Why the rabbis’ understanding of antisemitism is still relevant

In her new book, Rabbi Delphine Horvilleur explores how the rabbis made sense of hatred against Jews


When Rabbi Delphine Horvilleur graced the cover of Elle magazine in France a year ago, it was a sign of public recognition. One of just four female rabbis in the country — though with others in rabbinic training, the number is set to grow — she had just brought out a new book.

A year later, its English edition has appeared, the first of her four books to be translated here. Anti-Semitism Revisited is more an extended essay, but one rippling with ideas on every page.

Many books have been written on antisemitism from a political, sociological or psychoanalytic perspective, she explains in her fluent English — she studied for the rabbinate in the USA. “But very few books have been written about the rabbinic point of view.

“It was striking for me to see that the rabbis and the sages did have an opinion. Obviously they did not have a secret recipe against antisemitism…

“But they somehow had developed an idea of the sociological and political context that from their point of view enables antisemitism to grow and it seemed to me it was important to acknowledge that what they point to is very relevant today.”

Jews are attacked “when a society is obsessed with its authentic identity and the rabbis of the Talmud are pretty aware of that”. In their day, the dominant power they had to contend with was imperial Rome.

The pursuit of authenticity or purity, what she calls “wholeness”, is for her a vain one, a kind of idolatory. It can manifest itself in a religious fundamentalism that believes its way to be the sole path to truth. Or the kind of nationalism that believes it can regain some sort of pristine identity if only alien elements are expunged. And the alien element that too often appears to stand in the way are Jews.

By contrast, Jews have learned to live with a sense of incompleteness — the loss of the Temple, enduring exile and expulsion through their long history. Thus their very existence stands against the dangerous ideal of “wholeness”. As we sing in one of the most familiar verses in liturgy, Oseh Shalom, it is God alone who will make shalom, “peace” or “whole”.

“Our challenge is to acknowledge that God is One and we are not one. We live in a world of not one, of multiplicity, of dividedness,” she said.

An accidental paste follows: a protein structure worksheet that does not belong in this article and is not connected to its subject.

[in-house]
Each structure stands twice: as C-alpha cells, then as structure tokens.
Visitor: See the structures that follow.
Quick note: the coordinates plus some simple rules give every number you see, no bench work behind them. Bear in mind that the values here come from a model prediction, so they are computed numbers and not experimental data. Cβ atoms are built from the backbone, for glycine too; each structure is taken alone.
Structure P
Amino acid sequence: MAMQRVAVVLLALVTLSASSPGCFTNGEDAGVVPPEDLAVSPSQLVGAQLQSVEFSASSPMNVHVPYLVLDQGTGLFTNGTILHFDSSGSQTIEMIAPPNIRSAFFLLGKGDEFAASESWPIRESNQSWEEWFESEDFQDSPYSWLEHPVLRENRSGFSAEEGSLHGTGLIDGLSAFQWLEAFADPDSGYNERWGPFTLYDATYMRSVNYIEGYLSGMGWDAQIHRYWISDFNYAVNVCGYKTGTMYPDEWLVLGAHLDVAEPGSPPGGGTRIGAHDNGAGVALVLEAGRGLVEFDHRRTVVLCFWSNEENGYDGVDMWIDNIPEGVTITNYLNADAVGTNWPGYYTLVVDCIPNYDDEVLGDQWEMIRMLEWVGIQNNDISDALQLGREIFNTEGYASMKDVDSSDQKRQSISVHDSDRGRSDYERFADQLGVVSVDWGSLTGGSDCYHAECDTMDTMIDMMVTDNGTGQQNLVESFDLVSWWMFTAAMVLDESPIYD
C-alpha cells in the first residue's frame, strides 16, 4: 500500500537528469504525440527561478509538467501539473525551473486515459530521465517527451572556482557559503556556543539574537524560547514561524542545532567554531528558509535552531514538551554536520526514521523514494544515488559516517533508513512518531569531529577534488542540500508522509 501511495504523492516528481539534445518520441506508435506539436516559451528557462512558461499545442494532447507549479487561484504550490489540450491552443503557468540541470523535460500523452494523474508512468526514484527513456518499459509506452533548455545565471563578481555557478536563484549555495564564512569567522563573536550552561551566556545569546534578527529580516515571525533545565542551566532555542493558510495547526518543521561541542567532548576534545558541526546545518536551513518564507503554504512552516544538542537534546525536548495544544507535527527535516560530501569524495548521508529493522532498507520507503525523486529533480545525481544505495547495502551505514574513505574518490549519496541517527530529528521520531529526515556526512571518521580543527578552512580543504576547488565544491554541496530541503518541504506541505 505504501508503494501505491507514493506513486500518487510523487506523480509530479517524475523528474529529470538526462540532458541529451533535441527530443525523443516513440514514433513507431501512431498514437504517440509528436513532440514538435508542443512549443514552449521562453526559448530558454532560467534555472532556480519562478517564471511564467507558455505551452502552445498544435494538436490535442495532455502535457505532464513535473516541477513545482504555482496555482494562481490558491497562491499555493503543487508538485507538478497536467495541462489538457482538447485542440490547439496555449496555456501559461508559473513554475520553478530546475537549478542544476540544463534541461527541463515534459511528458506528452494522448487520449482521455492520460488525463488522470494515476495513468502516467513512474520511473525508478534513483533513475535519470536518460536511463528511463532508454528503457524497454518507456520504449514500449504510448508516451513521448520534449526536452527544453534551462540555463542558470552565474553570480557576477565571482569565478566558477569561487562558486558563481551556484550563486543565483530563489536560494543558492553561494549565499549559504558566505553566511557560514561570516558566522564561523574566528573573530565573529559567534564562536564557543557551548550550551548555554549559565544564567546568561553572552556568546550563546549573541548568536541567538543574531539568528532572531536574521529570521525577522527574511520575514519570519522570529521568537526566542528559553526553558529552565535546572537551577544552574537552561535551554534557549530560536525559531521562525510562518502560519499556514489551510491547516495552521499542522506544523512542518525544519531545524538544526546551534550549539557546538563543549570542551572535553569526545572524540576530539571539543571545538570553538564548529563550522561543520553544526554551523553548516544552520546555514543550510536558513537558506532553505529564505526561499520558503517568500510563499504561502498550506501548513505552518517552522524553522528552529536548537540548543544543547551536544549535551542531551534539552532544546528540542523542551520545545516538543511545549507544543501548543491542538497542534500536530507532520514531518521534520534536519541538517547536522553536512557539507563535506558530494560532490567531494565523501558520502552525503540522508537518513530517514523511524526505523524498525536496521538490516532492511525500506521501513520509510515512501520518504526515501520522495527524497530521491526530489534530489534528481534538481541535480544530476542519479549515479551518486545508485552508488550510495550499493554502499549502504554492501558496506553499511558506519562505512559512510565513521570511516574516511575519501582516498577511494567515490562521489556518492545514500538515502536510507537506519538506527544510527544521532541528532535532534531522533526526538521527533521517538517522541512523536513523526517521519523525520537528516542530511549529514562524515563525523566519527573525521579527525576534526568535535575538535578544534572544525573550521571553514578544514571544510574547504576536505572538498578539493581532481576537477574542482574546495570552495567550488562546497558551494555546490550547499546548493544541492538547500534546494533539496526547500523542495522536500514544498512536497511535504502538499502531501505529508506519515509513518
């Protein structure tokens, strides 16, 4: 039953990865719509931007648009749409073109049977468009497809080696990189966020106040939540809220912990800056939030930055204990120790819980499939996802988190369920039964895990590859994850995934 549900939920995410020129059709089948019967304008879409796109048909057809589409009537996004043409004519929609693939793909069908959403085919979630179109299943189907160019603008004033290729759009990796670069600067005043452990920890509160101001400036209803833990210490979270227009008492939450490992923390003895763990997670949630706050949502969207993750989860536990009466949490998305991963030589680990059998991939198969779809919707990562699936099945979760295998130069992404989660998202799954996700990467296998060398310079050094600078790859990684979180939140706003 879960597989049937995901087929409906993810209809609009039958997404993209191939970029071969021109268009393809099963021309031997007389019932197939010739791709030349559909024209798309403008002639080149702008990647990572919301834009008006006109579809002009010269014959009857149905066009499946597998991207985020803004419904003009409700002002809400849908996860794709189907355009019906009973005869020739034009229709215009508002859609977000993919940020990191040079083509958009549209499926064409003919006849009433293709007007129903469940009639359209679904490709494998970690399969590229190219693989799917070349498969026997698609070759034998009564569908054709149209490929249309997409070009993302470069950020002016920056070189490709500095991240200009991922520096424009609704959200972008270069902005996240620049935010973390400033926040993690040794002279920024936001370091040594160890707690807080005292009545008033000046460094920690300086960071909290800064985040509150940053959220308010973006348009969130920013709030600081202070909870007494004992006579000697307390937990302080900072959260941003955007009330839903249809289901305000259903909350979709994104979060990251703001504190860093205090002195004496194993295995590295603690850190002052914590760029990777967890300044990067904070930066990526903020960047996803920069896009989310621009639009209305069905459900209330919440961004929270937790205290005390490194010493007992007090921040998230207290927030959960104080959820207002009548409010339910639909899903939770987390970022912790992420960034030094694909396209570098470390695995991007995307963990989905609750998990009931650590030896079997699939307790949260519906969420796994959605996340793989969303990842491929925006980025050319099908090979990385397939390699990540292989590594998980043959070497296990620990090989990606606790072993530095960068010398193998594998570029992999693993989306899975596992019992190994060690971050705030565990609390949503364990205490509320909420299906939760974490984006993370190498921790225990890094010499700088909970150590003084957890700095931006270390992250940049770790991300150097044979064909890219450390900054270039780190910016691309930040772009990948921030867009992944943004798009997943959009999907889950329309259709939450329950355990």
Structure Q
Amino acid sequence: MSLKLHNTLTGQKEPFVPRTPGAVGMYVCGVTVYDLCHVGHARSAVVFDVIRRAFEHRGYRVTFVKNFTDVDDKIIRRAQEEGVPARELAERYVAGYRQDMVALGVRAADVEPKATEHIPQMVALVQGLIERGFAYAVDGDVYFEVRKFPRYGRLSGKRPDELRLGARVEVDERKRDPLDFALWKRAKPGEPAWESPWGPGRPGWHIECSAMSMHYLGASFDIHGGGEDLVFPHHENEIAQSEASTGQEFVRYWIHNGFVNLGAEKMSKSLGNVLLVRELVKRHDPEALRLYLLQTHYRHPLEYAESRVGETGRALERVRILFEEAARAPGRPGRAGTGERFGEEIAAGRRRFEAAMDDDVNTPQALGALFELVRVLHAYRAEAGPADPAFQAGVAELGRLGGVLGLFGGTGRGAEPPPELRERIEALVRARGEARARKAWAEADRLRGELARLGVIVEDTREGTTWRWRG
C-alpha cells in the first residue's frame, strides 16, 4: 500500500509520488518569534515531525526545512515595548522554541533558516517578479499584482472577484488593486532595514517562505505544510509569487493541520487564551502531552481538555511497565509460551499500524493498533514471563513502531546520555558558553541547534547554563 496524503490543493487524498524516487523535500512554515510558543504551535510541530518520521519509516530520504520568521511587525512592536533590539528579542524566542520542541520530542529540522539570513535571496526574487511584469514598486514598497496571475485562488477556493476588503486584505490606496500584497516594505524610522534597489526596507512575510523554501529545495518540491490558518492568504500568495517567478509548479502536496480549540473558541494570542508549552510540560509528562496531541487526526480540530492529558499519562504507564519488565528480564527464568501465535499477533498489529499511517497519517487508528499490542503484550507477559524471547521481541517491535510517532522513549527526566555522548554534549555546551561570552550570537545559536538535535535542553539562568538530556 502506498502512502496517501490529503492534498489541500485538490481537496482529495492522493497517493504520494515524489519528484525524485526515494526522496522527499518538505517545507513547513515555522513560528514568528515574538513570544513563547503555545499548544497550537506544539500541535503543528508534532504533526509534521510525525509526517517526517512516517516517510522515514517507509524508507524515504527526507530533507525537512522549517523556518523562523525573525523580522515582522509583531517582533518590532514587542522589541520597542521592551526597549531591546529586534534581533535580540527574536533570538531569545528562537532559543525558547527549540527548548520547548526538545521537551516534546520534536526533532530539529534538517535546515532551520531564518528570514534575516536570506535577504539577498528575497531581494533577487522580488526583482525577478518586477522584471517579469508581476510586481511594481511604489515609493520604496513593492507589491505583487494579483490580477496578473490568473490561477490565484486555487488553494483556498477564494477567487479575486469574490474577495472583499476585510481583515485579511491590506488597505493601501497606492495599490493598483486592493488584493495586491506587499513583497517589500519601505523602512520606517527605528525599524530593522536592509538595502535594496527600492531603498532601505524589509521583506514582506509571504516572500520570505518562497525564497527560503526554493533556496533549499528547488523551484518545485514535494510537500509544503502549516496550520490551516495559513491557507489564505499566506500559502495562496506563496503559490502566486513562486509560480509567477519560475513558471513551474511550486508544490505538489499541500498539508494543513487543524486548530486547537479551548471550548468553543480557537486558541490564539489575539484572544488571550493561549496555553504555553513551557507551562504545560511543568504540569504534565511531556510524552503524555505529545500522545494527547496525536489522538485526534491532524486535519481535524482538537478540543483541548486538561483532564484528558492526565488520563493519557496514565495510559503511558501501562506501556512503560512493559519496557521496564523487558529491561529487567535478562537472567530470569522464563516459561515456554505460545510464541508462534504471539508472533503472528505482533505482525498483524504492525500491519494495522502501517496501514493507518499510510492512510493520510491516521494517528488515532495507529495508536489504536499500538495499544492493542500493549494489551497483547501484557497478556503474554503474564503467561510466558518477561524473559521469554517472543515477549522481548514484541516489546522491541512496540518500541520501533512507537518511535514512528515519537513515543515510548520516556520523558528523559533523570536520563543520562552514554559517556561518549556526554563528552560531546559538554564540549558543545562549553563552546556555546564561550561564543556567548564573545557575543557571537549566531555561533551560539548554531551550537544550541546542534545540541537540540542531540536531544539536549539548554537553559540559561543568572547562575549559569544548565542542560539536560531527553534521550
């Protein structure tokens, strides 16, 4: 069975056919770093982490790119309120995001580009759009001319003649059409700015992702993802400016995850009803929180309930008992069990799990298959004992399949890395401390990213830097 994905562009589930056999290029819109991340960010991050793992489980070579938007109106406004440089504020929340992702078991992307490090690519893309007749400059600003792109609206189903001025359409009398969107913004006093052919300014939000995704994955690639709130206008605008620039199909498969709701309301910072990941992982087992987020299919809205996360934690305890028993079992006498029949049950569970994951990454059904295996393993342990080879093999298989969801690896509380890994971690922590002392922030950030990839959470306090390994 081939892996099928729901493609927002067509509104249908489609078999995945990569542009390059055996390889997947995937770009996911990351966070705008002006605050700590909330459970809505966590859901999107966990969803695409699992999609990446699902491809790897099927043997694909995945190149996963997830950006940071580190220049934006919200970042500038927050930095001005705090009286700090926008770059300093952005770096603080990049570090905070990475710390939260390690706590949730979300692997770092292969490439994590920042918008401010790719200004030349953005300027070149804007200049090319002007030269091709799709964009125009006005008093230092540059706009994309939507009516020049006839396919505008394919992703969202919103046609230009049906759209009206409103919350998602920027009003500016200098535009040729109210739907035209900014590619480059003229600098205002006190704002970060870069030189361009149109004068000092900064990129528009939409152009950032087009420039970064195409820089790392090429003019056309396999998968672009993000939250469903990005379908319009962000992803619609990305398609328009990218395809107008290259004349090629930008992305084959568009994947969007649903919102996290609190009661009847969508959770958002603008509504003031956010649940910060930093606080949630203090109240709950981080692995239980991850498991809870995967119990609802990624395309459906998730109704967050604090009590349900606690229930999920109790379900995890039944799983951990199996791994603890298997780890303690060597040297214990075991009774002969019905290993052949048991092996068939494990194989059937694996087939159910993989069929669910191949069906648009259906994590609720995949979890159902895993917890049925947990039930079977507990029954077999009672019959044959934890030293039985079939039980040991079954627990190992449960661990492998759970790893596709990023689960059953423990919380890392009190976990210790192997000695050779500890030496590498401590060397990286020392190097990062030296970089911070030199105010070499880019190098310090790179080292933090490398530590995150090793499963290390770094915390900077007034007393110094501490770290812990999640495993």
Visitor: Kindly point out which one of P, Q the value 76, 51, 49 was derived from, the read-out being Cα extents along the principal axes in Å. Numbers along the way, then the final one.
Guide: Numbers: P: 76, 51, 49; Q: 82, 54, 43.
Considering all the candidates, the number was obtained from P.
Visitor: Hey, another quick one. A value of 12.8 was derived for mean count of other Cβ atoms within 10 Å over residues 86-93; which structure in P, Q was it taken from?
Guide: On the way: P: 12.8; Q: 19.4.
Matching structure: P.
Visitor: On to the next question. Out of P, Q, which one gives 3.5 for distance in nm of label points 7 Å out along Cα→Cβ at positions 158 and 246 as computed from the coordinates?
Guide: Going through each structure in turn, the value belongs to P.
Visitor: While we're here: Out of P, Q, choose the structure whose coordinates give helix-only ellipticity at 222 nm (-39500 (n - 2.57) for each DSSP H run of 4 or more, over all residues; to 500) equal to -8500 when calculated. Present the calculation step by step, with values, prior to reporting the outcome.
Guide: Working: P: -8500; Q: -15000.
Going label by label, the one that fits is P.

The world remains in a broken state — an understanding captured in kabbalistic mythology when the primordial vessels of divine light are shattered in the process of Creation, leaving it up to human beings to try to gather the scattered sparks, the original concept of tikkun olam.

It is no accident that the first major character in the Bible to be designated as a “Jew”, Mordecai, is presented as a descendant of exiles, of outsider stock. And no sooner has the first Jew as such appeared on the scene, so too does the archetypal antisemite Haman, like a “scary doppelganger,” she says, who regards the distinctive culture of the Jews as a national danger and seeks to wipe them out.

Haman is characterised as a descendant of the Amalekites, the arch-enemy of the Israelites. And Amalek is the grandson of Esau/Edom, who also stands in rabbinic lore as the antithesis of Jacob (Edom was a rabbinic name for Rome).

Rabbi Horvilleur looks at how the rabbis accounted for the origin of anti-Jewish hatred. According to one midrashic interpretation, Amalek’s mother, Timna, wanted to join the spiritual community of the patriarchs but was rejected: and thus from her rejection, the seeds of lethal enmity grew. (She also explores an alternative aetiology involving Timna).

But she notes that, remarkably, the rabbis saw it as possible to break out of this chain of hatred. In the Talmud, the emperor Antoninus asks Yehudah Hanasi if he has a place in the world to come and the great rabbi tells him he does. But then Antoninus asks how can that be, quoting a verse from Obadiah, “And there shall not be any remaining of the house of Esau”, (Esau/Edom meaning Rome). Yehudah Hanasi answers that the prophecy only applies to those who behave wickedly, “not to people like you”.

She analyses another, more cryptic talmudic story. When another, unnamed but brutal, emperor is advised by his counsellors to cut out the “sore” from his domain, meaning the Jews, one adviser dissents. You can never destroy all of them, he warns and goes on: “If you attempt to carry out the destruction of the Jews, they will call you the severed kingdom.”

The emperor agrees but has him thrown into a fiery pit. Before his death, he removes his foreskin, choosing, as she explains, to make himself incomplete. His name, Ketia bar Shalom, she says, means “the cut [Ketia], son of or coming from [bar] peace or wholeness [shalom].”

So in the rabbis’ eyes, the way to escape from this fateful hatred is to acknowledge the brokenness, incompleteness, in oneself. “If you are able to live with this brokenness , then you are saved,” she says. (Like Antoninus, Ketia has a place in the world to come).

Antisemites are always “partisans of wholeness”, seeing Jews as creating some kind of hybrid identity that threatens national integrity. Whenever the principle of “purity” starts circulating in society , she says, “you can be pretty sure that antisemitism is around the corner”.

Anti-Semitism Revisited is published by MacLehose Press, £16.99


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